On a more philosophical note, Robinson also questions whether microbes could play a part in the debate surrounding human will. Could our microbes affect our perceptions, action and intuition by regulating our impulses? Should we consider this when debating the notions of free will and determinism? It is also worth considering that as humans we have approximately 30 trillion human cells balanced against approximately 39 trillion microbial cells- therefore, what does this relationship mean for an understanding of what it means to be human itself?
A world without microbes
Although Robinson doesn’t like the terms ‘good’ and ‘bad’ as he accepts that even pathogens are part of a normal functioning ecosystem, he takes the time to warn that biodiversity loss, especially that of tree-felling, could have dramatic impacts on our environment. Indeed, the ongoing degradation of ecosystems means that we are living in good times for ‘bad’ microbes, and bad times for ‘good’ microbes. Robinson outlines the vital importance and role that microbes have in our ecosystems. Microbes are the glue that holds our ecosystems together. He imagines a powerful vision of the loss of microbes, with the rapid domino effect that this would have. If microbes were wiped out, plants would no longer draw in vital nutrients and convert them into useful chemicals. They would rapidly lose all capacity to produce energy via photosynthesis, and would swiftly die. All other organisms that depend on plants to survive would soon be cursed with the same fate.
A cultural transformation.
Robinson urges that a cultural transformation is needed in how humans view, understand and relate to the microbial world. He suggests that the possibilities to learn from and work with this world would be hugely advantageous. He enthusiastically describes bioreceptive wall panels, green infrastructure and algae-powered buildings, as in Hamburg, Germany, as only the starting point of what a positive symbiotic relationship could mean. With air pollution becoming a rising concern in most countries and cities, Robinson suggests that a template mitigation method may already exist, ‘to reduce the impacts of city air pollution, the algae powered breathing pavilions produce breathable oxygen whilst purifying the local air.’ Robinson argues thatecological policies and behaviours could be better adapted, once we acknowledge that we live in an interrelated world. But once we acknowledge that we are essentially walking communities exchanging invisible life-forms with our environments, we can use ecological principles to help guide our social policy and behaviour.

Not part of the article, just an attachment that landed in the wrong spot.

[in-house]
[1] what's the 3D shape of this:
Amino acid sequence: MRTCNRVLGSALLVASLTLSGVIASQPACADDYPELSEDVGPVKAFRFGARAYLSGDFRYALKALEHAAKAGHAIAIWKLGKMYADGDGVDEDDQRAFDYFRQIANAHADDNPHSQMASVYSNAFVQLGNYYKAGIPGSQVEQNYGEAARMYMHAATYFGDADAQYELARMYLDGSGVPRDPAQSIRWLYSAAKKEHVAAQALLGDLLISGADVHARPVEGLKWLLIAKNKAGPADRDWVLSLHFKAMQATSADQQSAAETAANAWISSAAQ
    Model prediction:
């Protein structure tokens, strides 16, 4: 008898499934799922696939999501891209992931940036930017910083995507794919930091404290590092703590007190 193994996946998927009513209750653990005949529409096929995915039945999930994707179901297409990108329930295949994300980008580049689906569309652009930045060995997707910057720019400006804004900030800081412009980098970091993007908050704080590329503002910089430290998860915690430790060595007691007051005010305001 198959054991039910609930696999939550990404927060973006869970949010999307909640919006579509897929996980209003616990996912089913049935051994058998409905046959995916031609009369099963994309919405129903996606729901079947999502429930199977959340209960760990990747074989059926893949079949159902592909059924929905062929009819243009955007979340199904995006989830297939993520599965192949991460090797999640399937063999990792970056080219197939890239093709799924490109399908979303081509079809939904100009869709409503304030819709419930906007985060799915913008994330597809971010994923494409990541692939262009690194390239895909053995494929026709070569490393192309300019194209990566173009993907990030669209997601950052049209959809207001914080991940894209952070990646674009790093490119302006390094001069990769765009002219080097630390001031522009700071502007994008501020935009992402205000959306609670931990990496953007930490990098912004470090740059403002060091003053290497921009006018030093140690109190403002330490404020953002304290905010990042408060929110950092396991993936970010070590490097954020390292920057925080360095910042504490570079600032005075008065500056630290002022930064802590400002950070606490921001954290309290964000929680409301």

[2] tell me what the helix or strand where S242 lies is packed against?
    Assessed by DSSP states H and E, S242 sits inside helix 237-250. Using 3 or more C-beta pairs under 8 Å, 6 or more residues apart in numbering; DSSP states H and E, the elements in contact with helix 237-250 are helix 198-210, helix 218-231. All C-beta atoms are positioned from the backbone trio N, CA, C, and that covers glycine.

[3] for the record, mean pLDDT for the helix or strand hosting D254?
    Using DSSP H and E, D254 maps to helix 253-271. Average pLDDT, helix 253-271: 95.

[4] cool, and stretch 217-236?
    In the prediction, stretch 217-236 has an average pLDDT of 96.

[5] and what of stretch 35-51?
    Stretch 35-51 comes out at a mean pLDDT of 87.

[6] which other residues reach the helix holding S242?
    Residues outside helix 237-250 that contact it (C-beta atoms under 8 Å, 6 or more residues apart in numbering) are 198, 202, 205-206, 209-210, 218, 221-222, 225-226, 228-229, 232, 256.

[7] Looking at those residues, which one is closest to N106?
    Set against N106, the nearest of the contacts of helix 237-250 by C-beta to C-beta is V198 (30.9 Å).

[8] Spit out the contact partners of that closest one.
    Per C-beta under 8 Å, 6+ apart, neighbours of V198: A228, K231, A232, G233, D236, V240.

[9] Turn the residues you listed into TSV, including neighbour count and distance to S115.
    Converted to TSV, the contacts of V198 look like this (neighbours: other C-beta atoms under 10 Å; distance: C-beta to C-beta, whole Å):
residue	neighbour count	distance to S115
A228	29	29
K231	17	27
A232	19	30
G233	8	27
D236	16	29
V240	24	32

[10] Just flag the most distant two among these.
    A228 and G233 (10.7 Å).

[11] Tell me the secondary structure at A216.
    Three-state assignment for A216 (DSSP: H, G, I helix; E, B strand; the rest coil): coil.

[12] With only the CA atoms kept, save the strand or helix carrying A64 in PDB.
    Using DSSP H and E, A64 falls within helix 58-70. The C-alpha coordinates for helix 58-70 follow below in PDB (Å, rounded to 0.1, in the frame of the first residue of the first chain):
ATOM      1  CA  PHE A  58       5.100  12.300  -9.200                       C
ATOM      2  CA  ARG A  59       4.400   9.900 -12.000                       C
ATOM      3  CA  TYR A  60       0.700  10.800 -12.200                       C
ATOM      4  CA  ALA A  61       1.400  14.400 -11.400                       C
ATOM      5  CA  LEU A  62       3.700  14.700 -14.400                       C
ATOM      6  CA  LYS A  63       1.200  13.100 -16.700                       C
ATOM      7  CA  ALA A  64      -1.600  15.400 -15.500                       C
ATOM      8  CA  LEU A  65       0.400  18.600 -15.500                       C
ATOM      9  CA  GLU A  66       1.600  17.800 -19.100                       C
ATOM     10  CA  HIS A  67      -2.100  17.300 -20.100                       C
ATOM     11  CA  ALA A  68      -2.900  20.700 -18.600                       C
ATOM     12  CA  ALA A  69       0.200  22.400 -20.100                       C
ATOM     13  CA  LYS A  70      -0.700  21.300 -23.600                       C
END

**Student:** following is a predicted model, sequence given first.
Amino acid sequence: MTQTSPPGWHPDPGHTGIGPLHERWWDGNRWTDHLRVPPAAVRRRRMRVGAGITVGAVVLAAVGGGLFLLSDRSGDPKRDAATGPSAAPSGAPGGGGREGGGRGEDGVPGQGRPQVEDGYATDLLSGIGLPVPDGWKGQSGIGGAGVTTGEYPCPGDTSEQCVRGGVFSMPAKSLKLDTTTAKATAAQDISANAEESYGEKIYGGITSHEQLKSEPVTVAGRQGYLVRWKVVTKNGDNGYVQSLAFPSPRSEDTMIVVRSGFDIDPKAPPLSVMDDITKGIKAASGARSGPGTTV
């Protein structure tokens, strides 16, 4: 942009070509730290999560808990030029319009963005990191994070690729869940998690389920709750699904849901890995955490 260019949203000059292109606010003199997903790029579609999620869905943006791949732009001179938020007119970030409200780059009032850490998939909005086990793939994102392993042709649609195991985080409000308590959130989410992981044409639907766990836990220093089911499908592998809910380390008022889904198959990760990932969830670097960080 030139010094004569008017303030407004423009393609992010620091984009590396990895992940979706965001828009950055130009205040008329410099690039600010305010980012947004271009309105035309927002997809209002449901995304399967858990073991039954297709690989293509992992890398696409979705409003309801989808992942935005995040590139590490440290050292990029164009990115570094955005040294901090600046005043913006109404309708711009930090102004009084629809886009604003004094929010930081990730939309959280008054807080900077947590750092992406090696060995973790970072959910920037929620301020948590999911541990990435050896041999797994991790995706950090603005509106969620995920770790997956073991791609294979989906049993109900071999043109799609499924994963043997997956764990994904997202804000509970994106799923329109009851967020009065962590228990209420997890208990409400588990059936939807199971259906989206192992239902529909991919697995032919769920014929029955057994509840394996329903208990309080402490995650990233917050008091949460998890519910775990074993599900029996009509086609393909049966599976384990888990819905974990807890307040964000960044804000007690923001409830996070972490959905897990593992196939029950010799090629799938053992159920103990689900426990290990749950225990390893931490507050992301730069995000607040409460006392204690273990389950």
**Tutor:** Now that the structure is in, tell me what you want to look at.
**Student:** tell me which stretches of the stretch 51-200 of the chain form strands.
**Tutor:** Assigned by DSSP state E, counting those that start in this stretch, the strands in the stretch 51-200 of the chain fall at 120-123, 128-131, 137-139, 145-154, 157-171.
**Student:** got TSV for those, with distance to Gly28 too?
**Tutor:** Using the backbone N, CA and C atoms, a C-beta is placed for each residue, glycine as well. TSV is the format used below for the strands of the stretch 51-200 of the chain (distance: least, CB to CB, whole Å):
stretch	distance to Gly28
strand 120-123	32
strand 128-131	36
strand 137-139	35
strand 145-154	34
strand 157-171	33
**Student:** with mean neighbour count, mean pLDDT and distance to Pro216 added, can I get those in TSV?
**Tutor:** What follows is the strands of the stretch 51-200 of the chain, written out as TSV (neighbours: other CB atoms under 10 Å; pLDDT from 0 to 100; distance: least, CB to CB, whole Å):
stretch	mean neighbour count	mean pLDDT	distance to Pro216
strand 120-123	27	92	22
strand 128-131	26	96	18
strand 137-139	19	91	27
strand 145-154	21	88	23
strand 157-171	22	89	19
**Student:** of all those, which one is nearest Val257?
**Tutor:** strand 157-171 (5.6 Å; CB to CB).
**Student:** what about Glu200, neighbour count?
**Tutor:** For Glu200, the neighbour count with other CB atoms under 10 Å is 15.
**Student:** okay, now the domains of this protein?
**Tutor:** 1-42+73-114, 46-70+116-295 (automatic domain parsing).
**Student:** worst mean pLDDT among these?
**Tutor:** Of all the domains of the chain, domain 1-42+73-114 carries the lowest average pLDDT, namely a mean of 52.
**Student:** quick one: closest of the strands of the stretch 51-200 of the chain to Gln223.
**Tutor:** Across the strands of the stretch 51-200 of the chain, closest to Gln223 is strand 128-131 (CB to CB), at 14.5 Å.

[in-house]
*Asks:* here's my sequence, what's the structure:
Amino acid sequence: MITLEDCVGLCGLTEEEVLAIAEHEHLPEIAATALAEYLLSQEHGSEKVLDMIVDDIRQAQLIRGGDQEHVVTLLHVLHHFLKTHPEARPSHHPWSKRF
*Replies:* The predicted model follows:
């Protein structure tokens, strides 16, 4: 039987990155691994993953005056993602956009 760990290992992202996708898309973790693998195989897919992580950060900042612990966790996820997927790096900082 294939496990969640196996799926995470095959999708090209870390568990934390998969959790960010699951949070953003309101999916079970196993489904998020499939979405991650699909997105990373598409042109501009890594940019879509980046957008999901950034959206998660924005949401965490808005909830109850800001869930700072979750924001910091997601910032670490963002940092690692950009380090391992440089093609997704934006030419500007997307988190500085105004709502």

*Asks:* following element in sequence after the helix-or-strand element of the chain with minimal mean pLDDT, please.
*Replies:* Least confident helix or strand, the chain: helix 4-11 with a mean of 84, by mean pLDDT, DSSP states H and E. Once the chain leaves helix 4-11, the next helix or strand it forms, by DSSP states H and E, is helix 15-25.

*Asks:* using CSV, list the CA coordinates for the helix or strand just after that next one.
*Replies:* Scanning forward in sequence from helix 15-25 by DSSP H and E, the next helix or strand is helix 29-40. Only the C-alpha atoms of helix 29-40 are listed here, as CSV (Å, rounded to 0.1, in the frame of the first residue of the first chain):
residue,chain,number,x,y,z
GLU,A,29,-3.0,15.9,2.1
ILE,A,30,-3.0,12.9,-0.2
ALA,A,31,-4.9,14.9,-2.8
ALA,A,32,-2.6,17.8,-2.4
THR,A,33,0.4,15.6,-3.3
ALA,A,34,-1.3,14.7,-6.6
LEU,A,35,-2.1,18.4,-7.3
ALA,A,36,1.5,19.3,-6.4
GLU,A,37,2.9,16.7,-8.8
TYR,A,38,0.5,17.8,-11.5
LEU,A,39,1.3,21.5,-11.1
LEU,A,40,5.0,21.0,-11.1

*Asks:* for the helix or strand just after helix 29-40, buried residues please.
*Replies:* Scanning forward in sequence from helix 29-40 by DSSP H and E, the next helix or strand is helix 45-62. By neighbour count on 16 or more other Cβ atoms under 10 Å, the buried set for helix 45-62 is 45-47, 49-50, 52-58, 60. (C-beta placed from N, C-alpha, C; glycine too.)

He urges ‘that all forms of life-both the seen and the unseen-are in some way connected, ecologically, socially and evolutionarily.’ With this profound shift in mindset from humans, powerful methods of optimising restoration and regeneration policies can be implemented, which would have beneficial impact on humans. From a microbiome perspective, we need to understand how to optimise restoration strategies so that nature can do its thing and heal us. He quotes the doyenne of nature relationships, Robin Wall Kimmerer, to support his argument of a healthy positive relationship with nature. ‘We restore the land, and the land restores us.’
Shifts in architecture, restoration and lower levels of air pollution are only the start. Robinson also conjectures about a future where forensic microbiology may help a criminal justice system in identification of criminal behaviour. He reminds us of Locard’s exchange principle when he writes ‘We leave swathes of microbes behind on objects and surfaces’ and suggests that a better understanding of microbes may eventually replace DNA evidence. Each of us humanoids may be uniquely identified based on the microbial communities living in and on our bodies- our microbial ‘fingerprints’.
We live in an interrelated world
This is not a book written to shock the reader, or to make the reader aghast at the number of microbes on their eyelashes, or in every breath they take. Rather, it is a book to prompt the restoration of the symbiotic relationship between the visible and invisible worlds, as well as the awareness and appreciation of what is contained within our microbiomes. ‘Simply taking a mindful moment to think about this web of interconnectivity can be humbling, and acknowledging its existence and power can be transformative. Ultimately, all the nature you can see intimately depends on all the nature you can’t see.’
Understanding our connectedness with the invisible world can remind us to tread gently and change our behaviour, so that the smallest creatures on the planet can continue to thrive. We are visitors in their world. As Robinson concludes, we cannot do without them.
‘Microbes influence every corner of the world and every second of our lives.’